What is your place of work doing to encourage Te Reo Māori?
I used to work with a team of customer service staff who dreaded Māori Language week each year because customers would often react angrily to a Māori salutation. Thankfully that was many years ago and Te Reo Māori is now accepted and respected.
Te Reo Māori became an official language of New Zealand in 1987 and revitalisation efforts started shortly after guided by a vision for Te Reo Māori to grow as “a living language that reflects life and culture in Aotearoa”.
How well is that vision progressing?
The census asks the question “In which language(s) could you have a conversation about a lot of everyday things?” It is a multi-response question.
The last three censuses reveal the absolute number of Te Reo speakers in New Zealand is decreasing. The results in percentages reveal a similar story. The chart below confirms that the decline has been experienced across all regions.
Table 1 profiles those speaking only Māori and those speaking Māori and English between the 2006 and 2013 years comparing the progress on the Māori and Non-Māori population. The one area that did experience an increase was with Māori Te Reo speakers who spoke only Māori.
|2013 census||2006 census||Change|
|Language spoken||NZ total population||NZ Māori||Non-Māori||NZ total population||NZ Māori||Non-Māori||Māori
Te Reo speakers 2006 – 2013
Te Reo speakers 2006 -2013
|Speak only Māori||8,433||7,044||1,389||8,136||6,450||1,686||594||-297|
|Speak Māori and English||123,198||107,691||15,507||131,445||112,770||18,675||-5,079||-3,168|
Why is speaking Te Reo Māori on the decline?
New Zealand’s general education curriculum encourages Te Reo Māori from the pre-school level. However the raft of Māori-education initiatives that energetically followed the declaration of Māori as an official language seemed to wane in the 2000s. Kōhanga reo (preschool language ‘nests’) surged in numbers in the 90s followed by the growth of Kura kaupapa Māori (Māori-language immersion schools). However the next decade saw a decline in the number of Kōhanga reo numbers (by 2009 numbers had dropped from a high of 819 in 1993 to 464). In 2009 there were 73 Kura kaupapa Māori schools.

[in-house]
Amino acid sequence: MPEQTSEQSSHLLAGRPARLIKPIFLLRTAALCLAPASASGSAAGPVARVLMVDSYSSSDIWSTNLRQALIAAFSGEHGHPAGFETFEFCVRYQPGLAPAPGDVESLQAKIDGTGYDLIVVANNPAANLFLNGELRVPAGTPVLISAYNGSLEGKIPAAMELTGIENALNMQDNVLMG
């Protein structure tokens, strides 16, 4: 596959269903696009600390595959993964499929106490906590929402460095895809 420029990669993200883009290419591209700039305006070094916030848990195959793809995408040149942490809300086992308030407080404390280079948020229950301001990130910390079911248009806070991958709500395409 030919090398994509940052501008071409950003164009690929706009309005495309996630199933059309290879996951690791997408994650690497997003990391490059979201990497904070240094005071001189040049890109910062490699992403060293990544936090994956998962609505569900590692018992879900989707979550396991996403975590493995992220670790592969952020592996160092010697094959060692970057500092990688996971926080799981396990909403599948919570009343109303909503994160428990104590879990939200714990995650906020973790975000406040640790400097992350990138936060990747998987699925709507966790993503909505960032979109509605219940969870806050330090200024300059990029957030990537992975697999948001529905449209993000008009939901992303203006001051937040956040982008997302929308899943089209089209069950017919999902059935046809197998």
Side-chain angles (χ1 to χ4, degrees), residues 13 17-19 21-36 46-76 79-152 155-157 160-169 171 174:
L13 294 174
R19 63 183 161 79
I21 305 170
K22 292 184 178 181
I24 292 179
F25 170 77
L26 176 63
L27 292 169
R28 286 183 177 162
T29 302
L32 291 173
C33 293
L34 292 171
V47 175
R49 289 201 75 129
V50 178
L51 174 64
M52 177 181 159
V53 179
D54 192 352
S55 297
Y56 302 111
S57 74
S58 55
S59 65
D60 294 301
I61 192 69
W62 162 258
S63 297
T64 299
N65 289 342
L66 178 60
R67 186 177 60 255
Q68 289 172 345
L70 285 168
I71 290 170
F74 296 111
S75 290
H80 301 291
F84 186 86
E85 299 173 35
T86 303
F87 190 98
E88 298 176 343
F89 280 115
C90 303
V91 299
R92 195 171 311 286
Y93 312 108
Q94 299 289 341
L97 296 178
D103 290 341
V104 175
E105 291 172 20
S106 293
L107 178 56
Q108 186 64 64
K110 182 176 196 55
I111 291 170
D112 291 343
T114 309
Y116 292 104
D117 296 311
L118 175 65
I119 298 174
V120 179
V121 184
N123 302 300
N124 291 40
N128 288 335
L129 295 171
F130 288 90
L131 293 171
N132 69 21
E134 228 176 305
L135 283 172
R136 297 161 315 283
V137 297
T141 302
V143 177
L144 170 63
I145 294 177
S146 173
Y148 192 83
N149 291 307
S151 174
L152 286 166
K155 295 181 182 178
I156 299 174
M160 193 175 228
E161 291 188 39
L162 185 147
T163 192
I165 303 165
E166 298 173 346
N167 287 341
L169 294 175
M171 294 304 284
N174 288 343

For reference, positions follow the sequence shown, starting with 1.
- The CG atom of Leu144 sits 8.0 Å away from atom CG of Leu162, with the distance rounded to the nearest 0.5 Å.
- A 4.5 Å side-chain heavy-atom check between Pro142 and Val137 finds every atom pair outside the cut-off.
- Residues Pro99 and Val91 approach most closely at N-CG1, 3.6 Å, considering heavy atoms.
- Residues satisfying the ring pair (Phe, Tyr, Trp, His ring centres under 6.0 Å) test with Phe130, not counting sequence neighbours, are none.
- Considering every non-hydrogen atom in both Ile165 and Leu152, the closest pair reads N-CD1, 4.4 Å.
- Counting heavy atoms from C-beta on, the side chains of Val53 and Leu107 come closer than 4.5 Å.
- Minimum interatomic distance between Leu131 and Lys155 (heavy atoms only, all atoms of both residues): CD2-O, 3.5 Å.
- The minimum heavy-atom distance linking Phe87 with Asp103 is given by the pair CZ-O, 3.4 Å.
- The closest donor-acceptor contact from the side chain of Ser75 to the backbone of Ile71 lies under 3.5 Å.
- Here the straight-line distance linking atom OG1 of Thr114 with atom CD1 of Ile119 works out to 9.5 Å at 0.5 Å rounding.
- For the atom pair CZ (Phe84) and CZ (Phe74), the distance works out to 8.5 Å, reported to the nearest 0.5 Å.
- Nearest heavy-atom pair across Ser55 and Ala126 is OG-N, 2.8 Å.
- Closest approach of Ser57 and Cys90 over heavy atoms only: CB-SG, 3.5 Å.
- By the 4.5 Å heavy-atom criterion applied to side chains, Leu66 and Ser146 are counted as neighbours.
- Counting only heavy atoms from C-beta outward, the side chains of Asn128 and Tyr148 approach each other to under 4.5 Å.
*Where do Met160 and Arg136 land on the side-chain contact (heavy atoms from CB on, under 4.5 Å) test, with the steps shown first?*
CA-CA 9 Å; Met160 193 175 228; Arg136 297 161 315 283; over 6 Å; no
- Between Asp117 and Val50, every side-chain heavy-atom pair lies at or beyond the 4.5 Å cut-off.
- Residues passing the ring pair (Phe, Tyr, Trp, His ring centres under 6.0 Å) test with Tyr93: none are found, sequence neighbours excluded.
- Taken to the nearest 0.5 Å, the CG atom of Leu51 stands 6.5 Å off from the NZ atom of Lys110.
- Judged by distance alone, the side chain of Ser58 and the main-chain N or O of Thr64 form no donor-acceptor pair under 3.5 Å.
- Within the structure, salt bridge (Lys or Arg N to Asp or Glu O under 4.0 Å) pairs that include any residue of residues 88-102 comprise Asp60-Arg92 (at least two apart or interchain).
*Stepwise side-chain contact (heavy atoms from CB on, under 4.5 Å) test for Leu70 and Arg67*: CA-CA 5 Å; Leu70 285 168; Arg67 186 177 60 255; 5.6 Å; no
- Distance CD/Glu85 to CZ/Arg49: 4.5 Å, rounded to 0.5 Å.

Reassuringly the development of Māori tertiary institutes has continued, most notably with Te Wānanga o Aotearoa which started up in Te Awamutu in 1984. Now with establishments throughout New Zealand, Te Wānanga o Aotearoa was the second largest tertiary education provider in the country with more than 21,000 full-time equivalent students in 2009. Other notable tertiary achievements in Māori tertiary education include Te Whare Wānanga o Awanuiārangi in Whakatāne, which attained endorsement in 2004 to teach PhD level courses. Even though it had been operating for just over a decade, Te Whare Wānanga o Awanuiārangi is now hailed as a world leader in indigenous universities.
Perhaps the decline in the number of Kōhanga reo and Kura kaupapa Māori schools is part of the reason behind declining numbers of Te Reo Māori speakers in New Zealand. Yet there will be other influences at play. Perhaps young adult Te Reo speakers (as a product of the educational system) have been part of the migrational flow to Australia for work. Between 2006 – 2011 the number of Māori in Australia rose from 92,551 to 128,326 although some of this increase was natural, migration also contributed significantly.
Another explanation might be that the use of Te Reo is becoming more difficult as communities become more ethnically diverse. We know that the New Zealand Māori population has grown in number (604,110 in 2001 c.f. 668,721 in 2013). But at the same time, the proportion of Māori in the total population has actually declined (i.e. from 16.2% to 15.8% in 2013) largely because of immigration.
The ethnic makeup of New Zealand experiencing huge change. In 2013 just over one million people living in New Zealand were born overseas (around one in four), and close to a third of that total had arrived in the country within the 5 years prior to 2013. Birthplace data show Indians, Filipinos and Fijians dominating changes. Each of these countries has their own language, the rise of which is evidenced in the following table. Note – Hindi is the preferred official language of India while Tagalog is a major language of the Philippines.
Concluding my ruminations, the vision for Te Reo Māori as “a living language that reflects life and culture in Aotearoa” is a laudable but in practice is proving a difficult challenge. Te Reo Māori is encouraged in all levels and genres of schooling, and even in the local government world a quick glance across council websites finds most councils using Te Reo Māori as part of their council titles and in salutations. Yet the step from a handful of commonly known and used words to level of fluency which could be employed in everyday conversion remains beyond most. What strategies could government employ to make progress?
If reading this, you (like me) have reflected on just how little Te Reo Māori you know, here’s a useful link to get you started – http://www.nzhistory.net.nz/culture/Māori-language-week/100-Māori-words
.id is a team of population experts, who use a unique combination of online tools and consulting to help organisations decide where and when to locate their facilities and services, to meet the needs of changing populations. Access our free demographic resources here.